An uneasiness shared by both the patient and the dentist: the fear for the estimate.
We could say that in reality the fear of one is poured on the other. If a professional is literally afraid to submit his or her estimate to the patient (the most frequent hesitation is to present excessively expensive fees), he or she will certainly be wrong about the ways and forms because an honest and justified expense cannot be ignored if the patient’s needs have been endorsed upstream.
The patient presents himself to the study with certain expectations and objectives to be achieved. Anyone who sits in the dentist’s office chair already knows how they want to get out, and anyone who requests a service has a clear idea of what they want for themselves. The patient imagines the final outcome and on the basis of the variables of the case (such as time of execution and financial availability) decides on the proposal of the professional whether to carry out the therapy through a complete and definitive rehabilitation or proceed step by step. What he is not aware of are probably the technical aspects of the therapy, the possible physiological limits related to his clinical case.
The good dentist will be able to guarantee, through the person of his team delegated to the preparation of estimates, an estimate that reflects and embraces in full the real needs of the patient, whether they are related to the most obvious request that is the treatment of the disease, the aesthetic factor and function, up to the inevitable limits dictated by economic expenditure (absolutely binding for the purpose of accepting the estimate).
The figure who deals with interfacing with the patient to discuss together the amount of the final expenditure is not insignificant, it allows to separate the medical profession of the Doctor, compared to the purely economic / accounting context and has the opportunity in the preliminary meetings to intercept the needs of the patient integrating them to a rough analysis (but still well-founded) about the status of the person in front of him, a necessary moment in which we try to frame the individual so that we can take the most correct way to explain, motivate and propose the estimate.
Once the urgency, the necessity, the projection into the future of the patient and his “economic availability” have been understood, the suitable ways of treatment with the relative timing are submitted, always keeping in mind that the medical services provided are aimed at restoring the well-being of the entire organism and are not limited to the treatment of the teeth. The restoration of function and aesthetics are the final and most “visible” part of a much more complex and complex therapy, the result of careful and meticulous clinical investigations to assess every aspect of health as a whole. Only thanks to a careful and complete diagnosis by the dentist is it possible to carry out a personalized therapy because each person is unique and as such must be treated and satisfied.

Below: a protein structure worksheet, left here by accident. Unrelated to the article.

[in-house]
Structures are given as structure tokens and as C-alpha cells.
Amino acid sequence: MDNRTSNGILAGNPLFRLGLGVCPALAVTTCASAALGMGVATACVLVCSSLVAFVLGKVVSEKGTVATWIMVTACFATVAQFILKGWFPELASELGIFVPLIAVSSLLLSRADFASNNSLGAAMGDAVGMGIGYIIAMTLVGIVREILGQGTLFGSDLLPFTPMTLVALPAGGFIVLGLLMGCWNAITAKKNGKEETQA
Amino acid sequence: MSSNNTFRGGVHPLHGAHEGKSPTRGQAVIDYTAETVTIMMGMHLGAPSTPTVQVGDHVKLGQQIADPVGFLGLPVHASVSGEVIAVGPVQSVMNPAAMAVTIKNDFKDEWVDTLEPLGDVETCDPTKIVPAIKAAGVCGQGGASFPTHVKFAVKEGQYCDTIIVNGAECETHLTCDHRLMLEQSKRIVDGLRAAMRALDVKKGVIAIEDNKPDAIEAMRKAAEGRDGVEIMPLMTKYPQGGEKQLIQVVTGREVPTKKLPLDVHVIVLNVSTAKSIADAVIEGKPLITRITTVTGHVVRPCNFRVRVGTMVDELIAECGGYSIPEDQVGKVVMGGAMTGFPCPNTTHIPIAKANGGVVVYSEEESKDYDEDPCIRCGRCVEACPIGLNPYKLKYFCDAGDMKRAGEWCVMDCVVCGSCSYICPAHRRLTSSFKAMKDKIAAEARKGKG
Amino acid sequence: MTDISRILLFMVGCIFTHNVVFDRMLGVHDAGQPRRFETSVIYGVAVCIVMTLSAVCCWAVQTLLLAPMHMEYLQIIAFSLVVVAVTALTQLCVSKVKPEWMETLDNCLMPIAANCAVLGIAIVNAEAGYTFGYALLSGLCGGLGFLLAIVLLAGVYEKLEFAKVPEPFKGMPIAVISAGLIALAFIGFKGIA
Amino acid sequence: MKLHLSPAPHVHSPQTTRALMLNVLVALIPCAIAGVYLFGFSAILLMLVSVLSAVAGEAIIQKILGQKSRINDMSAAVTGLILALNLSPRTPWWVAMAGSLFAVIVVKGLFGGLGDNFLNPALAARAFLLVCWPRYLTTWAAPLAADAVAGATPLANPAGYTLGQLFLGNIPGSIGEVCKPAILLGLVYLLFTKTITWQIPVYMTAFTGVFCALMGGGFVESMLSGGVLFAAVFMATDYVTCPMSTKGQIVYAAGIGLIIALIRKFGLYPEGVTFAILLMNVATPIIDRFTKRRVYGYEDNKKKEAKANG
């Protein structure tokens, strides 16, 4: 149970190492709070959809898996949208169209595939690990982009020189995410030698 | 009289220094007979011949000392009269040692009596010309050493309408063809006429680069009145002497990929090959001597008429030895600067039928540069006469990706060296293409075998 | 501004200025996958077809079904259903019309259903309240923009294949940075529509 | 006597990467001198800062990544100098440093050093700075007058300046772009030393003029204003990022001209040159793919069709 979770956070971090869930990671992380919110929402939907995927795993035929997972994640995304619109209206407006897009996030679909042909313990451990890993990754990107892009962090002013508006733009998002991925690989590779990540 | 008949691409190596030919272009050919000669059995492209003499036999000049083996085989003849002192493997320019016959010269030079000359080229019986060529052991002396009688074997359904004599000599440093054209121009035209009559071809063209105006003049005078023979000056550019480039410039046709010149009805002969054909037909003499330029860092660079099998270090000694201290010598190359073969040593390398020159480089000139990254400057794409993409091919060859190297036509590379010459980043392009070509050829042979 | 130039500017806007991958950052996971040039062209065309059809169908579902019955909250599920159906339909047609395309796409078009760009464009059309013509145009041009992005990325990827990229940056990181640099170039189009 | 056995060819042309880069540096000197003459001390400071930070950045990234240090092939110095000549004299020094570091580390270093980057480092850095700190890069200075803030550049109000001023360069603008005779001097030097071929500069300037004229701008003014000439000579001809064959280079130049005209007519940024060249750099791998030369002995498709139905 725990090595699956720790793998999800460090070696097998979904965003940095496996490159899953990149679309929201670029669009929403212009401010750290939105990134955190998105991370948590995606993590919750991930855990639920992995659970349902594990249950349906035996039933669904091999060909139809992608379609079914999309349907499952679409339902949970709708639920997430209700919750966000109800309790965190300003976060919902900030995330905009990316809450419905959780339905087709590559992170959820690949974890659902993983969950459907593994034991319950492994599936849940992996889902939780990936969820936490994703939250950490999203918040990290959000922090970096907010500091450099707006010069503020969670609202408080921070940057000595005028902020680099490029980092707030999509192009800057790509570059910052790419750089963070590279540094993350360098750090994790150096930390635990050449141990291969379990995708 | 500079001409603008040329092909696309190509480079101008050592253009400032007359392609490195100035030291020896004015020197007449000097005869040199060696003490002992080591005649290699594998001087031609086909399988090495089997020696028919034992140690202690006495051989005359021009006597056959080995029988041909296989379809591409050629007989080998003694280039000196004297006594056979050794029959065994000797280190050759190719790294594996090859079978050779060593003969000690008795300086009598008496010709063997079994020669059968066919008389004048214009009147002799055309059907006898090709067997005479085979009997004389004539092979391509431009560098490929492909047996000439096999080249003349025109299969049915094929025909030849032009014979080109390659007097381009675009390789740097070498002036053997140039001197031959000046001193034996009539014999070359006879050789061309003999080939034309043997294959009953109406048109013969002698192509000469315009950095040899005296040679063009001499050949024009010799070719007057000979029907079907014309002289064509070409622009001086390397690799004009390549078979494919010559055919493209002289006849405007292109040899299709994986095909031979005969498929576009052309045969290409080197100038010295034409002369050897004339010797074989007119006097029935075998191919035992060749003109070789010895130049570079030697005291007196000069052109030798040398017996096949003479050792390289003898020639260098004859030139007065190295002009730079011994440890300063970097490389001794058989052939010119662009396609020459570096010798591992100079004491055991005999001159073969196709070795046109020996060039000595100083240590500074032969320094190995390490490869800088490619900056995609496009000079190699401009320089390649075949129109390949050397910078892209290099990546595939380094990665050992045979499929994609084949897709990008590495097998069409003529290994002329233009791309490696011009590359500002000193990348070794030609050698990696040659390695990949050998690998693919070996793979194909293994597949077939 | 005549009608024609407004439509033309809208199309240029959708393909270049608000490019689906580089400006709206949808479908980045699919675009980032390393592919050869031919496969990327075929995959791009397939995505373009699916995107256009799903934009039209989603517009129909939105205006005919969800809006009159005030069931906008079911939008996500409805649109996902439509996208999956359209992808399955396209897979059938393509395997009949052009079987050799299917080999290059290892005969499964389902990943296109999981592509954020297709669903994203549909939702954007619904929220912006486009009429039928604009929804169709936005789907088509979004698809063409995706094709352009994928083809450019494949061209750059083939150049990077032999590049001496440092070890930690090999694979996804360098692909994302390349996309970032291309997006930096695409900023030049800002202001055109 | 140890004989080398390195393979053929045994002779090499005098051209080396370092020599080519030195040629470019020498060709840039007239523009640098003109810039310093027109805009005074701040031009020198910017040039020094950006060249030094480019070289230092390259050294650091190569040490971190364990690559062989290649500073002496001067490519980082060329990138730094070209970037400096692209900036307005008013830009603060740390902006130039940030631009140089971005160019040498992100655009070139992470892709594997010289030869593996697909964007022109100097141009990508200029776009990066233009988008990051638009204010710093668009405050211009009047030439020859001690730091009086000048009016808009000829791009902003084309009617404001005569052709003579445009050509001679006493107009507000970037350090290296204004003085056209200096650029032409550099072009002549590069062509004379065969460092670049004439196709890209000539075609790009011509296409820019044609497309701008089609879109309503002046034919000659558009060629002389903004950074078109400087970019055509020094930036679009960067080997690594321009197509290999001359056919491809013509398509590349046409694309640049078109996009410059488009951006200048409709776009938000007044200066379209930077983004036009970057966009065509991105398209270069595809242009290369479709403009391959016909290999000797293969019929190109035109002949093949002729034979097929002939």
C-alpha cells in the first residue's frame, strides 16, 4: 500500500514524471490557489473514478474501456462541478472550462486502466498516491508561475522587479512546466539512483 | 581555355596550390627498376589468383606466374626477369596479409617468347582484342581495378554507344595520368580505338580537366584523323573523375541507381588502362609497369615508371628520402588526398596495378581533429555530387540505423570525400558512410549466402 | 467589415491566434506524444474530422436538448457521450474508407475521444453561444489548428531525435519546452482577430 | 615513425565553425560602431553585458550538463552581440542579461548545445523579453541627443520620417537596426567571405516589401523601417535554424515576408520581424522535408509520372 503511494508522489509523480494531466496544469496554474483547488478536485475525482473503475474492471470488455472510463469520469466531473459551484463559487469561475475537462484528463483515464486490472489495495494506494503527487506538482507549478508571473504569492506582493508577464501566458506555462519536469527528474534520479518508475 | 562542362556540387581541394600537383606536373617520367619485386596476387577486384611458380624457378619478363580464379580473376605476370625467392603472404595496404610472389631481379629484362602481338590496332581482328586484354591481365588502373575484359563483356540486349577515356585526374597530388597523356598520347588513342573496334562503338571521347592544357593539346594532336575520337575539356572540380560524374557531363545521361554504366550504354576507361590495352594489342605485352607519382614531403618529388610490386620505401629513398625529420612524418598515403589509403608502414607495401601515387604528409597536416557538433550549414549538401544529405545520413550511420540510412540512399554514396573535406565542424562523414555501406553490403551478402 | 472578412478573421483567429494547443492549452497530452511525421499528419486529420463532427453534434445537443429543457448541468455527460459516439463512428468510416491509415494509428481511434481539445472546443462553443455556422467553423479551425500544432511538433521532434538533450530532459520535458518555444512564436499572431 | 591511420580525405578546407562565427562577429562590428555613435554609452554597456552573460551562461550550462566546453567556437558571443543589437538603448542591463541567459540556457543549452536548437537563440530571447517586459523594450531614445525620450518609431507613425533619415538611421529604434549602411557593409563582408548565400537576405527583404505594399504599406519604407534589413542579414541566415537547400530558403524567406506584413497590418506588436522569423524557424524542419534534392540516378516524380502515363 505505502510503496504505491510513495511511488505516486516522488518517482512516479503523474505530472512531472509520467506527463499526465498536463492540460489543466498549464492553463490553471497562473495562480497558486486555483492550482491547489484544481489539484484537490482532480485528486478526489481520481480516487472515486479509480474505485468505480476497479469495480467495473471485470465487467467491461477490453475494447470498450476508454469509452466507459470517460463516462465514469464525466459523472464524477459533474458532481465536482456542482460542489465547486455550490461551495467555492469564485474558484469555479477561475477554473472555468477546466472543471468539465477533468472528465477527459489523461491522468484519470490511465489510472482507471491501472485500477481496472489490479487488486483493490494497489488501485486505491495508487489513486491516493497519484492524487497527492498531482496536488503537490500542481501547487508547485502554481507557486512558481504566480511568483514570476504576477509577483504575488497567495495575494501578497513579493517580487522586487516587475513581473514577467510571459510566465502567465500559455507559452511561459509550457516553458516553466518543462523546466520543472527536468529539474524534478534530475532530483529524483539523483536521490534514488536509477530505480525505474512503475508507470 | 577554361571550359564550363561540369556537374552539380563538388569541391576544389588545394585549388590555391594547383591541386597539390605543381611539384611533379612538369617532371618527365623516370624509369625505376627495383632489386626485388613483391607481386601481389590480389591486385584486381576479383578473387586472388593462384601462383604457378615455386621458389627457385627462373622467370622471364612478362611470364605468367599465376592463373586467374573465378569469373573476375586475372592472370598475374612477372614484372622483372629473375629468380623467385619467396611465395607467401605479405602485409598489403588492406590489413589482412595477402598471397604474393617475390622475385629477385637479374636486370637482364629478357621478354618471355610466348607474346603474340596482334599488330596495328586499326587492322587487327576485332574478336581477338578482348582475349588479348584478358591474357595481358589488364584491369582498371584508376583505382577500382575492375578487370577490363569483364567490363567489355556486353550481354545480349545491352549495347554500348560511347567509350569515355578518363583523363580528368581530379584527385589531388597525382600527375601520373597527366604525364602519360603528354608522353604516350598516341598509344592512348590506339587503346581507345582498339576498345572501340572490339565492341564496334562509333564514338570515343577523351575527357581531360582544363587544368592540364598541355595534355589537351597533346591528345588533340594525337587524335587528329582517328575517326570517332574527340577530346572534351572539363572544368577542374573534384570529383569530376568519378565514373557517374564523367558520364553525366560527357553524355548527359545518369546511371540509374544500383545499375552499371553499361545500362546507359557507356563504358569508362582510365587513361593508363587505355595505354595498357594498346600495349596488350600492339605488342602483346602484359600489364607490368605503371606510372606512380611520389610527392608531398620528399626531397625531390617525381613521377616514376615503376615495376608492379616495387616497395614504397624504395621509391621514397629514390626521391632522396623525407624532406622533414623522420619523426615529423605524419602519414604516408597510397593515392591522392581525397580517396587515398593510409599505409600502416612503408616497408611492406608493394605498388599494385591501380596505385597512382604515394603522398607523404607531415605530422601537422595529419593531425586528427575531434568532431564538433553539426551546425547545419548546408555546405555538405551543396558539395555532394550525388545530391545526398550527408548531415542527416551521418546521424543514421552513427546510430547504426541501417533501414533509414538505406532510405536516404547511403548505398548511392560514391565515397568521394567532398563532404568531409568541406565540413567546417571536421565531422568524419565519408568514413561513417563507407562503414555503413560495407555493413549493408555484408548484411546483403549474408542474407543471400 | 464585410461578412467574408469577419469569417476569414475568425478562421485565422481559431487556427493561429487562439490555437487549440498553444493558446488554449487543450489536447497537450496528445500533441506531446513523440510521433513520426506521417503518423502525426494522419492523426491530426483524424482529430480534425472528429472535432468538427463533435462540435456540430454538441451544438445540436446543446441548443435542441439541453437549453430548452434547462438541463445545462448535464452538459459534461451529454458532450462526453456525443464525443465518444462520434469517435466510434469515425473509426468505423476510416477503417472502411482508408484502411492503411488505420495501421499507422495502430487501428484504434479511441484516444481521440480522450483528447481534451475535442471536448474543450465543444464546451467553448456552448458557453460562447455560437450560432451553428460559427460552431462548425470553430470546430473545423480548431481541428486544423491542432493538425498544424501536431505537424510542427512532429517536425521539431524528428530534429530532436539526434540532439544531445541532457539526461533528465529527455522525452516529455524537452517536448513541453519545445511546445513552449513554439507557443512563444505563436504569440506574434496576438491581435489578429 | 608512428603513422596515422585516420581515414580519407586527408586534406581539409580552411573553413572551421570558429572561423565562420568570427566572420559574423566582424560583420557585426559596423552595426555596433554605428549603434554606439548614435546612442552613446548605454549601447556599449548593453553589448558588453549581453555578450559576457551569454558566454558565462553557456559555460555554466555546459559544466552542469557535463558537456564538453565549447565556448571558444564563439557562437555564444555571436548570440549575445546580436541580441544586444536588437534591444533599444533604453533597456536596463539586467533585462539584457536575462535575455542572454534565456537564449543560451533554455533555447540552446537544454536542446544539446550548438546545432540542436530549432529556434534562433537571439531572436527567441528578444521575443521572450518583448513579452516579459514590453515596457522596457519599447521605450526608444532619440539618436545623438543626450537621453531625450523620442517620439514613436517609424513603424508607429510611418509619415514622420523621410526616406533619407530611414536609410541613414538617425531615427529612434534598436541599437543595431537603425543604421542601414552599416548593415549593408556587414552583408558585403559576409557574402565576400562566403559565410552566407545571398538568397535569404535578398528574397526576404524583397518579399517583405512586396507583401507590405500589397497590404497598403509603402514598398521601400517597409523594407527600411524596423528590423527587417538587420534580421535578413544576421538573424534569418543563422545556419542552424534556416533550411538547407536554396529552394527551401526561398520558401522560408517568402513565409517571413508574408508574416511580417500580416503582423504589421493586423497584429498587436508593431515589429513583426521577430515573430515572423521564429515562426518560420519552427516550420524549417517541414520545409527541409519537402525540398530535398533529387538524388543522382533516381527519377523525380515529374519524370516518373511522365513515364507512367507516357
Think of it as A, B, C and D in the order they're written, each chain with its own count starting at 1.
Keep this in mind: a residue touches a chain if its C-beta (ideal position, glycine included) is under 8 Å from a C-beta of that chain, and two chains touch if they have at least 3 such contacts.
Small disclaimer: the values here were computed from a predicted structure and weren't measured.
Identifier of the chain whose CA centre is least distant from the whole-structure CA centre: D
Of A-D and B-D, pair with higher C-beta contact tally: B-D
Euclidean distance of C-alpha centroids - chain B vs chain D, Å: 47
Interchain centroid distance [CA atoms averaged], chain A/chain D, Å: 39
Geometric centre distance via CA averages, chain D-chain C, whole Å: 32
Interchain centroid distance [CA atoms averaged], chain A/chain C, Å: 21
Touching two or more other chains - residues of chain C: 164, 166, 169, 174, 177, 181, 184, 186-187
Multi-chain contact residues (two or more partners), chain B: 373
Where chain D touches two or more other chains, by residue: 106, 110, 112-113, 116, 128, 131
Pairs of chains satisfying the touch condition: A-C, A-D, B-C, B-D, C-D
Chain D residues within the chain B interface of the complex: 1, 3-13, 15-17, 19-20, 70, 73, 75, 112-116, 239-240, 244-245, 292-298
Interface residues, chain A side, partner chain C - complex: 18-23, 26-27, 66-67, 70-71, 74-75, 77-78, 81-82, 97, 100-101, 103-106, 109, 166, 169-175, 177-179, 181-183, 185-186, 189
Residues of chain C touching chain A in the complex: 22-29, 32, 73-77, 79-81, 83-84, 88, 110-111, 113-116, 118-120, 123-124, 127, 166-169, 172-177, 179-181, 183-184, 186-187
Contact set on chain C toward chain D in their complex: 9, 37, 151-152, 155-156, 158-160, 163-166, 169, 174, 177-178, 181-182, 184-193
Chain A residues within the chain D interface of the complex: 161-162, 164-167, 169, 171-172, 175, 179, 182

If we want to talk about the modus operandi, the professional should prefer a modular approach (various stages) rather than an overall one (everything and immediately). In recent years the doctor-patient relationship has changed, once the word of the doctor was incontrovertible and the patient trusted, or had to rely blindly on the hands of their trusted dentist. In today’s scenario, where information and competition have altered the parameters of choice, the far-sighted dentist must find a way to explain, convince and operate in all honesty and transparency. Each patient is unique and as such needs to be treated, the doctor must reason in a targeted manner, motivate one line rather than another, ensure the result by embracing the needs of the patient and then make them coincide with the economic availability.
With regard to financial management, one is led to think that the first and only parameter taken into account by the patient is the amount of the fee. In reality, it is only partially correct. Of course, the advertising that stands out on the windows of low-cost chains that promise low-cost performance attracts, but at the same time how can you promise a therapy, and a performance, without a proper diagnosis? Without having seen what clinical condition the patient is in? Without knowing exactly what his expectations are? Without these essential elements it becomes almost impossible to propose targeted, effective solutions, able to fully meet the patient’s expectations.
The dentist must be aware of the fact that the difference is not the estimate but the listening of the patient that leads to intercept the best and most suitable “care” according to expectations and possibilities. It is not certain that a patient does not accept an “important” estimate, perhaps deferred over time, by virtue of the predictable final yield, rather than an estimate “below cost” which in fact does not allow the patient to be treated in the best possible way.